signifying nothing

in the car on my long drive, the radio plays and
i wonder about all these stories we tell, we hear
… what is the power of an individual story?
can one story make a difference ?
i want to believe that
each voice brings hope for change
through shared experience and empathy
– but as i watch each of us – watch myself –
turn away from others, i worry instead
that it is just a habit carried down
through all the years of our existence,
a catharsis to purge ourselves
of our hate and fear and pity
my own thoughts
having already been
spoken many times
but to no effect

is it enough to simply speak?


hope is a circle
without end

a ring of faith: round and soft,
yet resilient and strong

a welcoming table around which
we gather, always room for more

a band endlessly looping
but holdingĀ us close,

a promise we make
to those we love most

a warm full embrace
that protects and comforts

and whole
hope is a circle


untitled thoughts


I’ve been losing memories
Just a fuzzy spot where
My childhood once was

I’ve been repeating myself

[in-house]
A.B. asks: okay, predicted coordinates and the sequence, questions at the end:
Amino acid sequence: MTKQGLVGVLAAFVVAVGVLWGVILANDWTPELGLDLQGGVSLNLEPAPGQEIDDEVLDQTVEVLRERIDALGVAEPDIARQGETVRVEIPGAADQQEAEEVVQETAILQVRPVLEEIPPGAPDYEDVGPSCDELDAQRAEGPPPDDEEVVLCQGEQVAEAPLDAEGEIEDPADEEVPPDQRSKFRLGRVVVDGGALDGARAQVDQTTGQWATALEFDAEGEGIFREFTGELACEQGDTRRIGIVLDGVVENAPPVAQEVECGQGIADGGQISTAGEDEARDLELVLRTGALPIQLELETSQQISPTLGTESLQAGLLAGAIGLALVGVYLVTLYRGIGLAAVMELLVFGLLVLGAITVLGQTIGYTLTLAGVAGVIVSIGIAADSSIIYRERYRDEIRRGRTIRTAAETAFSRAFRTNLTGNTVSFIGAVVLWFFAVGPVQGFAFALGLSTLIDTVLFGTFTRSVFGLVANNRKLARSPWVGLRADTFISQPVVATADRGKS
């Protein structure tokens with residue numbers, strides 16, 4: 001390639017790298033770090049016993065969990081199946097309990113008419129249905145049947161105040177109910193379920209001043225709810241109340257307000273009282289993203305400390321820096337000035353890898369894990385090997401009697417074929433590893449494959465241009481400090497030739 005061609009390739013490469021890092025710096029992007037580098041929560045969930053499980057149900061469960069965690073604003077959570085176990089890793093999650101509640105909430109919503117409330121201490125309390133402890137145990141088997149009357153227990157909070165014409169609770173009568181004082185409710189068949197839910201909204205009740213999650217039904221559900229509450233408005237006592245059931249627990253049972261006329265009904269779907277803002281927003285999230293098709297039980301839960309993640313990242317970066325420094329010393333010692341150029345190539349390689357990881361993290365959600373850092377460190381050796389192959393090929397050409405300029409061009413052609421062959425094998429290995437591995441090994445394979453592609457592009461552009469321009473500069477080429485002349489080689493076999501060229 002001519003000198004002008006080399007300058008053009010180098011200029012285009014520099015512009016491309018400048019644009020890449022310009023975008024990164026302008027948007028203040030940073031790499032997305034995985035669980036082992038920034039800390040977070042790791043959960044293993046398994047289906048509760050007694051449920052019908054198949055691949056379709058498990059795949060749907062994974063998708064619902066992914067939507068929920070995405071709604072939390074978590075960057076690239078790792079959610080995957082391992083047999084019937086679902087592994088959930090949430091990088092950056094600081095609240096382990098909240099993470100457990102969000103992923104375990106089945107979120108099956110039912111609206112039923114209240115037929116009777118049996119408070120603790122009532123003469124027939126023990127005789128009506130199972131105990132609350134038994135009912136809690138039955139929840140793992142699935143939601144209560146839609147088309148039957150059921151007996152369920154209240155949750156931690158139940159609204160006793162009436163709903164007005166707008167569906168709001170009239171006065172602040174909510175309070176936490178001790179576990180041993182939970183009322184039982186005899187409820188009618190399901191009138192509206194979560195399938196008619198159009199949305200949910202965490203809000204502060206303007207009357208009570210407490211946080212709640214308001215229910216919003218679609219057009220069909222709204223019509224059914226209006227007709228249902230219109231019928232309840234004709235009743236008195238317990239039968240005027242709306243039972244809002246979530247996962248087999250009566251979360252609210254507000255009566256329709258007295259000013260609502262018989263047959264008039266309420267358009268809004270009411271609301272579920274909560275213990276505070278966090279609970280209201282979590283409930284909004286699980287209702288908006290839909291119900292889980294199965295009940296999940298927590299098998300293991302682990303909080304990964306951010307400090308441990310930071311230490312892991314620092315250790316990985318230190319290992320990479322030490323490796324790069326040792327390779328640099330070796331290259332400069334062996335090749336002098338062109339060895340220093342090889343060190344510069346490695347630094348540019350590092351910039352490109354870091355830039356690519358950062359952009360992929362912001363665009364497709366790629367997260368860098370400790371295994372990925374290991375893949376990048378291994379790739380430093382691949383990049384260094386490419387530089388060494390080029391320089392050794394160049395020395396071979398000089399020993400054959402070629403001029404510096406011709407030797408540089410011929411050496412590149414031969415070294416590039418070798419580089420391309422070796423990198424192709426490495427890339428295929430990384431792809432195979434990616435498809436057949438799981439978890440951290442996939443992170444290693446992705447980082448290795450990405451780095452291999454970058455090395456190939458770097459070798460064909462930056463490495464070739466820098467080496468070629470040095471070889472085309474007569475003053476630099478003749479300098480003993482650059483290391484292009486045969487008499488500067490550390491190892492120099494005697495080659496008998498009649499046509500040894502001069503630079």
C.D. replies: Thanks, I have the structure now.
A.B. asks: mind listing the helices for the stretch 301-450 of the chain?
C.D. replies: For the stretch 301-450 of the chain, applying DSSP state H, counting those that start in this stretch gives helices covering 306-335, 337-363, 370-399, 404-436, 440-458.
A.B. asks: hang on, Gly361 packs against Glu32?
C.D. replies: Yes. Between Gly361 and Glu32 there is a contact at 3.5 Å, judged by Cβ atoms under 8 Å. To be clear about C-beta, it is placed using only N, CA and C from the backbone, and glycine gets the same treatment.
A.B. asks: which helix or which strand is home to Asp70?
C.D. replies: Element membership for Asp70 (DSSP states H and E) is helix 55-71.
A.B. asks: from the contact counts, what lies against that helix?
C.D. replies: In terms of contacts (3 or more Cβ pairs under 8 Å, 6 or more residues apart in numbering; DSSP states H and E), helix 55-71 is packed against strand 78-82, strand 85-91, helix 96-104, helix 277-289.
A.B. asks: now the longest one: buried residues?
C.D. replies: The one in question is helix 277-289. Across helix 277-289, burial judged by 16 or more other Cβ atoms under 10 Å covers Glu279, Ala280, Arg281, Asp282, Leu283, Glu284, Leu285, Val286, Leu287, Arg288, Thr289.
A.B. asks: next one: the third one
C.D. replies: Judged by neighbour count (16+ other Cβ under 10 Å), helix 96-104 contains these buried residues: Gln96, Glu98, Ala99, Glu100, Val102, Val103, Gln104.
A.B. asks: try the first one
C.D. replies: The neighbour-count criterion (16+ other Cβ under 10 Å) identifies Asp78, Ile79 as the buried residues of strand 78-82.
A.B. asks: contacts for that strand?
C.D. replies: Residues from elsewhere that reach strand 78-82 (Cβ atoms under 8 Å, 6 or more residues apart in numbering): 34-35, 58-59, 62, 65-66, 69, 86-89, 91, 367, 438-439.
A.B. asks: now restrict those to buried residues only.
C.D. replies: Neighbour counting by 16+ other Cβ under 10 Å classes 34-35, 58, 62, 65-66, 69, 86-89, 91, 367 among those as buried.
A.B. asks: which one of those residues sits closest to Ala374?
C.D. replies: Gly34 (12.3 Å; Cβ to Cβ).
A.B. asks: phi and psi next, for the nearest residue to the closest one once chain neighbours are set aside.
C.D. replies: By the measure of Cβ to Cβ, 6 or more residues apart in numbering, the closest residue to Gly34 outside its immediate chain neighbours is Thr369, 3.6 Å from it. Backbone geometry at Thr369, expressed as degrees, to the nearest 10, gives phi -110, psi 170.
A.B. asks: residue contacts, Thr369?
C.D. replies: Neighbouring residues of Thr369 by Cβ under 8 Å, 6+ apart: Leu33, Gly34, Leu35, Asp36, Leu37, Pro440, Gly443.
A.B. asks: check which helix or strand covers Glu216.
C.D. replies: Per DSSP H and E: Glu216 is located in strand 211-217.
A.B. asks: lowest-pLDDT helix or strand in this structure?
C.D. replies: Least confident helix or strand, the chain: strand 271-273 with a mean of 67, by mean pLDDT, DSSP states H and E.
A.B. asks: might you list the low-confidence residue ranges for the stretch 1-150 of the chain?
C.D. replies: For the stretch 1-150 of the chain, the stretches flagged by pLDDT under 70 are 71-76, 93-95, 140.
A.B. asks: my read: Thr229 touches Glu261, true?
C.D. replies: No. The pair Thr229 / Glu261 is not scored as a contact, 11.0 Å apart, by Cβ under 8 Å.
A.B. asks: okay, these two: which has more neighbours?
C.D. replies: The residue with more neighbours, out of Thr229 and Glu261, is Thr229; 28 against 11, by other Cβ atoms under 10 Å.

To retrace my thoughts
Scaling toward the present

Note to self: make new memories

Note to world #8546

A friend said she had grit….but she couldn’t help feeling more like she just had sand in her gears.  Because, somedays she could not tell the difference between her so-called resilience and her inability to get out of the same rut.

Note to world #4542

Another glorious Friday night unfolded in the suburbs. 

They had pizza for dinner and then headed to the middle school, where her youngest daughter was playing in a Rec Department basketball game.  

The entire scene seemed painted over in Polaroid hues: over-competitive parents living vicariously. Bored siblings causing mischief on the periphery. The spectators sat poised to move suddenly – for these girls played basketball more like a dodgeball game.  The rumble of feet on wood punctuated by a blaring horn and the piercing whistles of pimply-faced boy referees. 

She didn’t care much about the game and mostly paid attention instead to the oddities.  She suspected, for example, that the “shoelace check” timeout called by the refs was not an officially endorsed call. Particularly when one of the parents yelled back, “Mine are tied!”  She wondered whether a random whistle, which halted the girls midstep – followed by the call of “inadvertent blow” – really warranted a free throw for the team in possession.  And she felt certain that the strategy of throwing the ball as far down to the other end as possible and then running like the dickens to catch up to it was in fact not a professionally used tactic. Then the game went into overtime – twice -because apparently 0-0 is a tied score, and the girls just couldn’t find the basket no matter how many times they tried. 

Ah yes. Come to think of it: this did seem like a perfect way to end her week.